I’m delighted to say that I was interviewed for the Katie Reads blog about The Sure Bet King.
Finally got the chance to hear about the peculiarities of Asian sportsbooks in an old podcast by betting hand Matthew Trenhaile. Of course it comes a year after I wrote an Asian megabook as if it was a western-facing post-up (you deposit money in the book instead of operating on credit) one in The Sure Bet King. Anyway, the entire segment is great and I recommend you listen to it.
Asian sportsbooks have had (note the past tense) a reputation for being “sharp”, ie taking bets unquestioned with huge limits. But as the podcast notes, it’s wrong to compare them to the western-facing “sharp books” (Circa Sports / Pinnacle /BetCRIS). The short version for their “balancing act” is simple:
- A complex “agent system” that evolved from technological constraints and also legal ones.
- More importantly,a gargantuan pool of recreational money (at least in soccer) and the ability to, for lack of a better word, “dilute” the sharp money across it.
The podcast, recorded in 2018, mentioned this system declining already. Limits were being noticeably reduced, especially for lower-tier leagues. The wider adoption of the internet makes the tangled agent pyramid less and less necessary. Since then, everything I’ve seen has indicated this trend becoming more pronounced.
It’s a fascinating look at an extremely important but murky even by sports betting standards component.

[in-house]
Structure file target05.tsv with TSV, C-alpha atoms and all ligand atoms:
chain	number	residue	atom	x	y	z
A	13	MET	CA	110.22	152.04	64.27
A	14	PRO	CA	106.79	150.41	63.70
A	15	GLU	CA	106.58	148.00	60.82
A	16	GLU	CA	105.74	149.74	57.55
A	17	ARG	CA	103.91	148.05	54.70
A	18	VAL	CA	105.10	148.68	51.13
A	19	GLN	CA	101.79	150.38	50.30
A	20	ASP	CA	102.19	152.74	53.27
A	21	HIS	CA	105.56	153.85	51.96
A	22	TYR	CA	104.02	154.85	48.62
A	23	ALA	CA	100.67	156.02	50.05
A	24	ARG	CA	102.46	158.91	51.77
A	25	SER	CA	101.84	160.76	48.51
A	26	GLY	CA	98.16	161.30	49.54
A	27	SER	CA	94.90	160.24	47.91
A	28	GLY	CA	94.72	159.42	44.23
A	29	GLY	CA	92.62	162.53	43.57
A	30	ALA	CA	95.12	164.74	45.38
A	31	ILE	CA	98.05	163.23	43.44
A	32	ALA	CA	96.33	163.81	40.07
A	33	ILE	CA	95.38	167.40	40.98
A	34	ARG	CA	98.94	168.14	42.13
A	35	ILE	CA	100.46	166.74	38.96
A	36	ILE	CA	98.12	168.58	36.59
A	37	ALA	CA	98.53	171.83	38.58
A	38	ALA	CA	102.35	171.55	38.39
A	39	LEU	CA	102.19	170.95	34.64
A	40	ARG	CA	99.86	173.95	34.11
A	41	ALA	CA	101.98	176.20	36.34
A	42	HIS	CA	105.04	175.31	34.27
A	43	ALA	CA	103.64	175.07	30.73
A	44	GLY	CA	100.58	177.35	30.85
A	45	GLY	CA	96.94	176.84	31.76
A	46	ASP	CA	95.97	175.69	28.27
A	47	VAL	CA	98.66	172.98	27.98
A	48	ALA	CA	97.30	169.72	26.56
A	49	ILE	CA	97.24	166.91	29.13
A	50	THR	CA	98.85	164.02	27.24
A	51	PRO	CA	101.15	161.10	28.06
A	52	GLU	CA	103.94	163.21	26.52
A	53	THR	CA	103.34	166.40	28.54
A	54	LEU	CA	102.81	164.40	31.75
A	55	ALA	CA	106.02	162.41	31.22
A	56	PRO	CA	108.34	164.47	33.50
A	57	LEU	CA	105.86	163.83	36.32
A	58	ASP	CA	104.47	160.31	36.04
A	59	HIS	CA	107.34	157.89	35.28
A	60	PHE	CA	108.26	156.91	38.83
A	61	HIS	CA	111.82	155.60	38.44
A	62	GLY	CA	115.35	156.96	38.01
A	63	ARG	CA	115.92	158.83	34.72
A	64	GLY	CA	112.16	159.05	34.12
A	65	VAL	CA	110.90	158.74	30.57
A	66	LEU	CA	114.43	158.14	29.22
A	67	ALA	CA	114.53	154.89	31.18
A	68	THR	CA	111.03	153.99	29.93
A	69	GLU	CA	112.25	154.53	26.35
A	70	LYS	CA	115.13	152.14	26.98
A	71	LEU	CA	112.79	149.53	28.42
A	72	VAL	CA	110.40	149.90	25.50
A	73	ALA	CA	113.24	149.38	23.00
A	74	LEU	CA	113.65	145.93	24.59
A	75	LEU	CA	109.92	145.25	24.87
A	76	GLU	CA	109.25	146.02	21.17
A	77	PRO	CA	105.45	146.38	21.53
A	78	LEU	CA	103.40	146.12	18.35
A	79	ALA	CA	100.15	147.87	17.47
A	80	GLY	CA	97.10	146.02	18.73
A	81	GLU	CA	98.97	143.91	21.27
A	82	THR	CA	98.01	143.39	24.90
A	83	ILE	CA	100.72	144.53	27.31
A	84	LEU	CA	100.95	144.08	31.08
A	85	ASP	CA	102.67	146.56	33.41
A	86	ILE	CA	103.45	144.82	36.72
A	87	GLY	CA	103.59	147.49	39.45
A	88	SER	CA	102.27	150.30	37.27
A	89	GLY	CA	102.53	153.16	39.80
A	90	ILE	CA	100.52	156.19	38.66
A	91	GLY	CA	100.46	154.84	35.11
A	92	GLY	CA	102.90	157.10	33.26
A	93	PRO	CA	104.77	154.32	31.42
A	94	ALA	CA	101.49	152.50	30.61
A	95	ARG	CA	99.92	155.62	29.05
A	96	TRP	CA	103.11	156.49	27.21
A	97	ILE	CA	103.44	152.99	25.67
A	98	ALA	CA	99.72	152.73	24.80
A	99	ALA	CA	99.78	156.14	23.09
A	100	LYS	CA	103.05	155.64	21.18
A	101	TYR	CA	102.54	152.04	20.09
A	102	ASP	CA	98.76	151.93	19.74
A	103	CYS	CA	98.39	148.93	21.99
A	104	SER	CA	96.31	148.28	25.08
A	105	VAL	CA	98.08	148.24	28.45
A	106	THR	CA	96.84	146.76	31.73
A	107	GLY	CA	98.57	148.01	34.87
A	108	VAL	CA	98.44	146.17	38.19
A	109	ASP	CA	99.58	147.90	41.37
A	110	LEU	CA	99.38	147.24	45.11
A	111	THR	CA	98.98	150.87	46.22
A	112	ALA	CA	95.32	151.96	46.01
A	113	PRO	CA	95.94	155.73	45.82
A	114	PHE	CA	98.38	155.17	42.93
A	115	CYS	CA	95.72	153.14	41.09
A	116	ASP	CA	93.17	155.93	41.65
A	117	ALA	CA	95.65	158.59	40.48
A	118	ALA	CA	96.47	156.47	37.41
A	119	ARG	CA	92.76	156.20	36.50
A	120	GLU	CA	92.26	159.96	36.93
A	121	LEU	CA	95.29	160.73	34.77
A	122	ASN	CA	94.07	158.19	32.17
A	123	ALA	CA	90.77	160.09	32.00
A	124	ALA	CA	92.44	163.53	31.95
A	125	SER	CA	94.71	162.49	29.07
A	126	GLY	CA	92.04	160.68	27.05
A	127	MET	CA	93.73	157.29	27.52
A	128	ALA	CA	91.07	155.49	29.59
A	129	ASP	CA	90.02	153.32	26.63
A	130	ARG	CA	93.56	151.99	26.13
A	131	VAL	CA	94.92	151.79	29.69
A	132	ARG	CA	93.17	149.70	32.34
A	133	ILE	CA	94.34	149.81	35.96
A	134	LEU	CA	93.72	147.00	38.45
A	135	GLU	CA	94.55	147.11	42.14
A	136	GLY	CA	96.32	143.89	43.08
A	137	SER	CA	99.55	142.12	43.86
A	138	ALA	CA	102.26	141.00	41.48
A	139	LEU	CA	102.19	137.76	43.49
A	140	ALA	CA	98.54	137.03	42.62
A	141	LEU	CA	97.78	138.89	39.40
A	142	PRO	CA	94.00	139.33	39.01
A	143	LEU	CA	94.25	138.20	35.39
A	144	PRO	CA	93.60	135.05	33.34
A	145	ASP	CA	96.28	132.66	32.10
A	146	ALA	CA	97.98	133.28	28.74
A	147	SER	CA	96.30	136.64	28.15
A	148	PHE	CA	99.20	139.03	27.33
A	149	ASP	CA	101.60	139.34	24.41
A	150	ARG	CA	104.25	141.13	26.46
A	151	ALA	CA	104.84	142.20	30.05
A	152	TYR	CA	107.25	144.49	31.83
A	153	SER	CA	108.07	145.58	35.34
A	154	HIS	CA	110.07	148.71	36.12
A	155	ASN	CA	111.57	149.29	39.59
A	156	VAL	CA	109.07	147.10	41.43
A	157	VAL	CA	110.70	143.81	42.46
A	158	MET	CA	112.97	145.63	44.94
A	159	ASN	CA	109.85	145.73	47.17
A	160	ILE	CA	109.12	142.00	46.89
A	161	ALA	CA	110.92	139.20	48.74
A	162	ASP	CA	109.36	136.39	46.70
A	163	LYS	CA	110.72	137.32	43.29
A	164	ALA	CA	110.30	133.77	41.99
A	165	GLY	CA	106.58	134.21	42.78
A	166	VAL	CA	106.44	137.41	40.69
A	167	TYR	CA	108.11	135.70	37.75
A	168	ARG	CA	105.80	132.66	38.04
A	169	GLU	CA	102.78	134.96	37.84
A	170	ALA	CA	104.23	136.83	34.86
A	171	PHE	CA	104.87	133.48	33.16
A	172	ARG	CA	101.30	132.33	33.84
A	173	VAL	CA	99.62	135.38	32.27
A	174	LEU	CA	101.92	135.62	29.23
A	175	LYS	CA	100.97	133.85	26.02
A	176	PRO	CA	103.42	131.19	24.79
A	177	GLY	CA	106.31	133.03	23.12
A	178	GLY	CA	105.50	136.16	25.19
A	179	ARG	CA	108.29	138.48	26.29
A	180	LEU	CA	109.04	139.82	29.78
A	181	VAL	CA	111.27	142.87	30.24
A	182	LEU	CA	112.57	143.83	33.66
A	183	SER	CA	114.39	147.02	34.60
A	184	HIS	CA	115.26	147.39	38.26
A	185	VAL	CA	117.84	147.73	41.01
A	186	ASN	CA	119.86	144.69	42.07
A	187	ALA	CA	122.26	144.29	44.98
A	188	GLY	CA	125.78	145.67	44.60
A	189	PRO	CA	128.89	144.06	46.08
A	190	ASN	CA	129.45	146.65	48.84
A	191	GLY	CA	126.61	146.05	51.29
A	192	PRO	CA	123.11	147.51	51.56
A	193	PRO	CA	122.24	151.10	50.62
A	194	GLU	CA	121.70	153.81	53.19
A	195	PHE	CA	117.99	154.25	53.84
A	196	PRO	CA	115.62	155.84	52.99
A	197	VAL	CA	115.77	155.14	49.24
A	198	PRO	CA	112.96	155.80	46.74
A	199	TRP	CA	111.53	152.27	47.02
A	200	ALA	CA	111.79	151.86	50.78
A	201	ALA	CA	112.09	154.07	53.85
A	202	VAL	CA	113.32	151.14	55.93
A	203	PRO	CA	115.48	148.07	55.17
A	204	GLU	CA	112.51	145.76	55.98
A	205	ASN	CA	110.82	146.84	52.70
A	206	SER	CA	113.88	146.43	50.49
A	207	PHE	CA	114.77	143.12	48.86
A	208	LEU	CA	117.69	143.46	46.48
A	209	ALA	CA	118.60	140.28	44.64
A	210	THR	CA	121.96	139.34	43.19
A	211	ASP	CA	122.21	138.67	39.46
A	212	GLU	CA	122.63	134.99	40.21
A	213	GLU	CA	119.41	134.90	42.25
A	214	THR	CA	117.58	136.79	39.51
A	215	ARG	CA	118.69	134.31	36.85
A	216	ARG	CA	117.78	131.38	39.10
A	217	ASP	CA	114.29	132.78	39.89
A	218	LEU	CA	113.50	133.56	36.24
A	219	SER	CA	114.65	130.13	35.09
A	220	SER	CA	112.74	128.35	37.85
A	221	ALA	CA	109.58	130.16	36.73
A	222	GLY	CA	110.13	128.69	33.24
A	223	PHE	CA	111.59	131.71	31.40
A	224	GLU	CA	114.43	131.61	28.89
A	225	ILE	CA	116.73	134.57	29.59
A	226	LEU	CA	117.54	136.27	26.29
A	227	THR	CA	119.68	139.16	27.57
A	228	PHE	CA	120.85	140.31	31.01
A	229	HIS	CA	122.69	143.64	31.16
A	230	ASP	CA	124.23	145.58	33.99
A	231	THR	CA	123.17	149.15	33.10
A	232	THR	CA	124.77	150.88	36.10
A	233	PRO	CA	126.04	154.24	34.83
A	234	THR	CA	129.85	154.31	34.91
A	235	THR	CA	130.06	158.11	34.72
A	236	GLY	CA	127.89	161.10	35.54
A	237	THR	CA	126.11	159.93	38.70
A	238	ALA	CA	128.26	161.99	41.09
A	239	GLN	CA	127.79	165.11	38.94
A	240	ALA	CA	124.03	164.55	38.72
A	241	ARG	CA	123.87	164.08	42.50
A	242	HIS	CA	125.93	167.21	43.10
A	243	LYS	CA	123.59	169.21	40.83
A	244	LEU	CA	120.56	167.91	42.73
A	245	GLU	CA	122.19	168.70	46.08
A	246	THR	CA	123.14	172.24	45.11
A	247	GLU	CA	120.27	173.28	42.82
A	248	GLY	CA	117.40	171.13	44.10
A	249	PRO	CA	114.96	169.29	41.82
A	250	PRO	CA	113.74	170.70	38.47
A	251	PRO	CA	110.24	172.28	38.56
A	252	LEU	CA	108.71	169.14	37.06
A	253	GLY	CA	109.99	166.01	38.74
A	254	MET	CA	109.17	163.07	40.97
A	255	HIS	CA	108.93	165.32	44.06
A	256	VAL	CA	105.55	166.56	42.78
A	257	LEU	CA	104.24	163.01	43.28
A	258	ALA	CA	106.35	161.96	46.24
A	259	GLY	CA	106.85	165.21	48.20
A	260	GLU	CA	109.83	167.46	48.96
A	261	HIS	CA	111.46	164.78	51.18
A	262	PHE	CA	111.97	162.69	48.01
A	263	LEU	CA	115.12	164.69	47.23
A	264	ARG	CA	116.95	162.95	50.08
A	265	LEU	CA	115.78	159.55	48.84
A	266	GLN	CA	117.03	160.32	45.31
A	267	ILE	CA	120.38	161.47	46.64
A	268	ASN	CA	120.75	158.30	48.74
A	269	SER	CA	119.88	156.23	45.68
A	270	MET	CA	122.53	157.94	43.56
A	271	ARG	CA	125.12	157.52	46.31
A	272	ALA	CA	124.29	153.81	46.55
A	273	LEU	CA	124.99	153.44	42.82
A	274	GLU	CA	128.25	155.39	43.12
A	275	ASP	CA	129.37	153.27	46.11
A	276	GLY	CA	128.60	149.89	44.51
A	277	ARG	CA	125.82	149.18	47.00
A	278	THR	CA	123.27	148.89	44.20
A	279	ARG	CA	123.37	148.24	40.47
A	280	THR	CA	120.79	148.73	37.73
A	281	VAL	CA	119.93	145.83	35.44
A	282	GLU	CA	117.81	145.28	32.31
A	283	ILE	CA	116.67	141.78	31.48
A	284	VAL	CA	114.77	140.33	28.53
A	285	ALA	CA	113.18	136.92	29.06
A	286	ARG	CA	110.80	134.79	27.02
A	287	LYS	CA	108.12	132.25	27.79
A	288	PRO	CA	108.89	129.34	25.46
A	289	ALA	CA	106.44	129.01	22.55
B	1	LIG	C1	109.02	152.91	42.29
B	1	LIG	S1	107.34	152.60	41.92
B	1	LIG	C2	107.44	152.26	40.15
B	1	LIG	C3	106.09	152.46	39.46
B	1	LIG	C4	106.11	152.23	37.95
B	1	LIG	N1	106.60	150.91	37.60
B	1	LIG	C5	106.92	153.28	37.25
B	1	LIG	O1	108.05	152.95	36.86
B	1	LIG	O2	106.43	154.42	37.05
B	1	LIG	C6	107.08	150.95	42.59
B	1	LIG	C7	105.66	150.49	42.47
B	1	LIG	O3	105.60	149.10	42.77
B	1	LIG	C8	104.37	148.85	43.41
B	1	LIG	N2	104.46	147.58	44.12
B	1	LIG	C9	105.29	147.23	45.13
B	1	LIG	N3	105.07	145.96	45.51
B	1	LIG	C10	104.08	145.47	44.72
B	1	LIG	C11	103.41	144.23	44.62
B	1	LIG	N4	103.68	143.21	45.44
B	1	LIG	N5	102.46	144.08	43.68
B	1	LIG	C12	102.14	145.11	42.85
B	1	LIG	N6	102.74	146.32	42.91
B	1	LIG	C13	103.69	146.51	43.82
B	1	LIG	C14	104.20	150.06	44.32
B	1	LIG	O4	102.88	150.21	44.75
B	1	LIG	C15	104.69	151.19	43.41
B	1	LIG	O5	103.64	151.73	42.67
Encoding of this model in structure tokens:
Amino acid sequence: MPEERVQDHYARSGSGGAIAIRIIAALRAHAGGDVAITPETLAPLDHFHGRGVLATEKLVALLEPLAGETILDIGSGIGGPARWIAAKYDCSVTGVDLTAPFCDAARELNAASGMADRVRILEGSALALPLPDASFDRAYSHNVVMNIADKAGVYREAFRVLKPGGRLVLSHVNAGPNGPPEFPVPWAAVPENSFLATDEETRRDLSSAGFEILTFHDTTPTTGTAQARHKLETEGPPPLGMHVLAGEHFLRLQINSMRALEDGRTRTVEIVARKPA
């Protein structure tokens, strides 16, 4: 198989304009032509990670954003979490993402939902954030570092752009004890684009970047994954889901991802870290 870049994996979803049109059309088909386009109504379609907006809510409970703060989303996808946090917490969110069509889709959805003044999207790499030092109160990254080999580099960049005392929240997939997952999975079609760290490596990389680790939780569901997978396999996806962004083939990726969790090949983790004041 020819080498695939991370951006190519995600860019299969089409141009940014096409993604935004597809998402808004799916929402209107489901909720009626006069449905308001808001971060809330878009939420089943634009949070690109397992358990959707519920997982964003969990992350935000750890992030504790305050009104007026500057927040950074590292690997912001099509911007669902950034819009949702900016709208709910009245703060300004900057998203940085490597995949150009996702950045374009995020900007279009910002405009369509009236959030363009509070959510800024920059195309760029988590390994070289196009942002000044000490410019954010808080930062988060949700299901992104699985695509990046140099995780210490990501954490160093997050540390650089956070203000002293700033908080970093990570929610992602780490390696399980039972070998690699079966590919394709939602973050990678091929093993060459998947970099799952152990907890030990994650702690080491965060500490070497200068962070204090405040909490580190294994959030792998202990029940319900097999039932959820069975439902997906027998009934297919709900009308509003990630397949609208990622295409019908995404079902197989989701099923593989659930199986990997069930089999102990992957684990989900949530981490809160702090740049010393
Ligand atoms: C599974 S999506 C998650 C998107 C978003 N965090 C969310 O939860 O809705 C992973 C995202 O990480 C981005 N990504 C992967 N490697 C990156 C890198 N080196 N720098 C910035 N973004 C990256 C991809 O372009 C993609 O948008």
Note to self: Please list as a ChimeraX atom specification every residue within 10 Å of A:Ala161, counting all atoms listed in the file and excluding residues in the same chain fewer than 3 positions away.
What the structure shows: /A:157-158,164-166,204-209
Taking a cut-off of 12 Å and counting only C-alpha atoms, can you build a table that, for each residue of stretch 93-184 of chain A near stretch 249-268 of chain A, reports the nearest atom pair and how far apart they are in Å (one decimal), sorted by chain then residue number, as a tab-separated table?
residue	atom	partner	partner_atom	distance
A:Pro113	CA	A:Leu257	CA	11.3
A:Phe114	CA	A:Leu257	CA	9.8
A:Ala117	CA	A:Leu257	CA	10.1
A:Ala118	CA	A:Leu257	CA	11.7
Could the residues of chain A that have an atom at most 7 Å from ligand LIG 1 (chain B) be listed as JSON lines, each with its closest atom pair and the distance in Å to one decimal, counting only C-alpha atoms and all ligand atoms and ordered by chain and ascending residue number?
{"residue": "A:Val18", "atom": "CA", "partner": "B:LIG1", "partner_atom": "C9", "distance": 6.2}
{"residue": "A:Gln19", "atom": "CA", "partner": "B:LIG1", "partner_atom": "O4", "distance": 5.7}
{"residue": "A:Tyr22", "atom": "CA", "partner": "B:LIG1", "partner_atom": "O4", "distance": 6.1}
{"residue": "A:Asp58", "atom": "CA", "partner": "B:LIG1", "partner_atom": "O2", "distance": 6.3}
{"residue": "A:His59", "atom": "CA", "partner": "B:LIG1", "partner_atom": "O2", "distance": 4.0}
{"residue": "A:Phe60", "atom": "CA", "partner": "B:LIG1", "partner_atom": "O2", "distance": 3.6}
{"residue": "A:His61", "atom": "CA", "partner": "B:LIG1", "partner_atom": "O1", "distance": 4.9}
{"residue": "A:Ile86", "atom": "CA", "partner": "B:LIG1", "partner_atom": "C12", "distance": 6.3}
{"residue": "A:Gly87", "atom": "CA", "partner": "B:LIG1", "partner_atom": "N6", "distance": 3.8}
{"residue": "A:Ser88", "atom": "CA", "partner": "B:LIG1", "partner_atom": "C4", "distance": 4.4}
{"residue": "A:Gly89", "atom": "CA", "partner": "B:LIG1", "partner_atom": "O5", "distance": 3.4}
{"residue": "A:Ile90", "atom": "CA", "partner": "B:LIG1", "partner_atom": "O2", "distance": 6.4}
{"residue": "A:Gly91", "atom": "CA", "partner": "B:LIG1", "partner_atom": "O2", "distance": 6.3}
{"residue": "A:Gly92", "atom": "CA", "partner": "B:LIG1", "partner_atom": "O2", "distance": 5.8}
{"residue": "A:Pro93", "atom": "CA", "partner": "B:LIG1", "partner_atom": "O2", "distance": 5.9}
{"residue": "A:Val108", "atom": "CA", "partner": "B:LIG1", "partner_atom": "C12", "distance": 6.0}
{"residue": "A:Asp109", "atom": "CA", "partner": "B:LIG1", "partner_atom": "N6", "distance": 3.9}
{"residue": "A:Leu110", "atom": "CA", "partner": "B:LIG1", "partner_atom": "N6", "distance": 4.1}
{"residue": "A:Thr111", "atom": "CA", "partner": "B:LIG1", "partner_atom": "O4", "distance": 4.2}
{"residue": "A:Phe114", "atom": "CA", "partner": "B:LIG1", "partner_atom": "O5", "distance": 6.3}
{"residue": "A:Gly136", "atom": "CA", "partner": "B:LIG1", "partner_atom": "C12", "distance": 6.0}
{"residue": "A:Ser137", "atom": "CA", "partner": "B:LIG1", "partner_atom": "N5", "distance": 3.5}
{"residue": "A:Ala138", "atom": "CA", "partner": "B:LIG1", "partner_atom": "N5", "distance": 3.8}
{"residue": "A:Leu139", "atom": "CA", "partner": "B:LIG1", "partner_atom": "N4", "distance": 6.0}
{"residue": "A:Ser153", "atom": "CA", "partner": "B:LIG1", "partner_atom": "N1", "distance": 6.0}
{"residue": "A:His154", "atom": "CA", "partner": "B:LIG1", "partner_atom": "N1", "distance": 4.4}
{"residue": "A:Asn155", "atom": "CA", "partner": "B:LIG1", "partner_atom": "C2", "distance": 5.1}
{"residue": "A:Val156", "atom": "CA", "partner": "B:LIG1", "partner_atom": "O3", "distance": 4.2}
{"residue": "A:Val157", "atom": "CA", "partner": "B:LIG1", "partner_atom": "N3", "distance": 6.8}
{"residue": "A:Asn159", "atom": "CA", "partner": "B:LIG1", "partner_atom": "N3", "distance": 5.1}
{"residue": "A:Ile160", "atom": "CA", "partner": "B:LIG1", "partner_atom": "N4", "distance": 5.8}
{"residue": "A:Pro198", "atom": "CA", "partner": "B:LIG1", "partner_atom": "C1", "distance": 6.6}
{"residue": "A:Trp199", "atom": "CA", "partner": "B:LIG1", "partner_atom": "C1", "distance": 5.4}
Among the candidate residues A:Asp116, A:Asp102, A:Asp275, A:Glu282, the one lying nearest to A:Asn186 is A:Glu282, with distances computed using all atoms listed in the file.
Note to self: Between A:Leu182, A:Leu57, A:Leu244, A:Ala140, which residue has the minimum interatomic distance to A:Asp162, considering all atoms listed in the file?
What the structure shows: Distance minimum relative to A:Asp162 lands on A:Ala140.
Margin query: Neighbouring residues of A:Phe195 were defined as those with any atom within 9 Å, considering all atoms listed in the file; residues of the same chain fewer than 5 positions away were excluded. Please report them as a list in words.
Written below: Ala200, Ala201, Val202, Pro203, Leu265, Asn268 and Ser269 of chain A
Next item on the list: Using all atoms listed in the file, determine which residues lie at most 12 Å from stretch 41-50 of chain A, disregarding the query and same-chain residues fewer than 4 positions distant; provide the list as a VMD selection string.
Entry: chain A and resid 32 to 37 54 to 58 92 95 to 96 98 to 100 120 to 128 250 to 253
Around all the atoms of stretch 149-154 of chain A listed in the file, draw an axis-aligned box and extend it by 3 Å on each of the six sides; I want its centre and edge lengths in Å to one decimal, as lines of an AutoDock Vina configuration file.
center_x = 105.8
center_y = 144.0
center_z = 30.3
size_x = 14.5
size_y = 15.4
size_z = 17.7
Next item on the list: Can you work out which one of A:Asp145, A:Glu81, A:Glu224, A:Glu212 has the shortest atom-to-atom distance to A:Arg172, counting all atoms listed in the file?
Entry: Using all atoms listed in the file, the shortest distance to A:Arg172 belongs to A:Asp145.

Gaming The Game
Sean Patrick Griffin’s Gaming the Game is about the gambling scandal centered around NBA referee Tim Donaghy. Its main “character” is now former pro gambler Jimmy Battista, who handled the actual betting side of things (oversimplified of course). I generally don’t like true crime books, but heard good things about this and the subject matter of sports betting was a naturally interesting one to me.
This is one of the best true crime books I’ve read.
The narrative (most of which centers around Battista, not Donaghy), is well-written and soundly researched at the same time. It really helped fill a gap in a part of the sports betting world I hadn’t really had to look up before-genuine sharps. (Touts are mentioned once dismissively, as they should be). You get to read about a lot of people, some of whom I could guess who their true identities were (Griffin rightfully uses pseudonyms).
The icing on the cake is an appendix where Griffin delves into line movements to see what effect the Donaghy actions -regardless of the man’s claims- had on the games he reffed and bet on. By giving it its own section, he can be extremely detailed and technical while not interfering with the flow of the rest of the book. The analysis could easily be a book unto itself.
If you have the slightest interest in sports betting or sleaze, get this book.
One of the most revolutionary changes in sports betting in recent years has been the rise of player props (ie, will this player score? How much of Stat X will this player accomplish in the game? Will the final score be odd or even?) Veteran gambling reporter David Purdum talks about this paradigm shift in an ESPN column. Props began in popular culture as those goofy things they did in the Super Bowl, but have now risen up massively, displacing the old spreads, totals, and moneylines.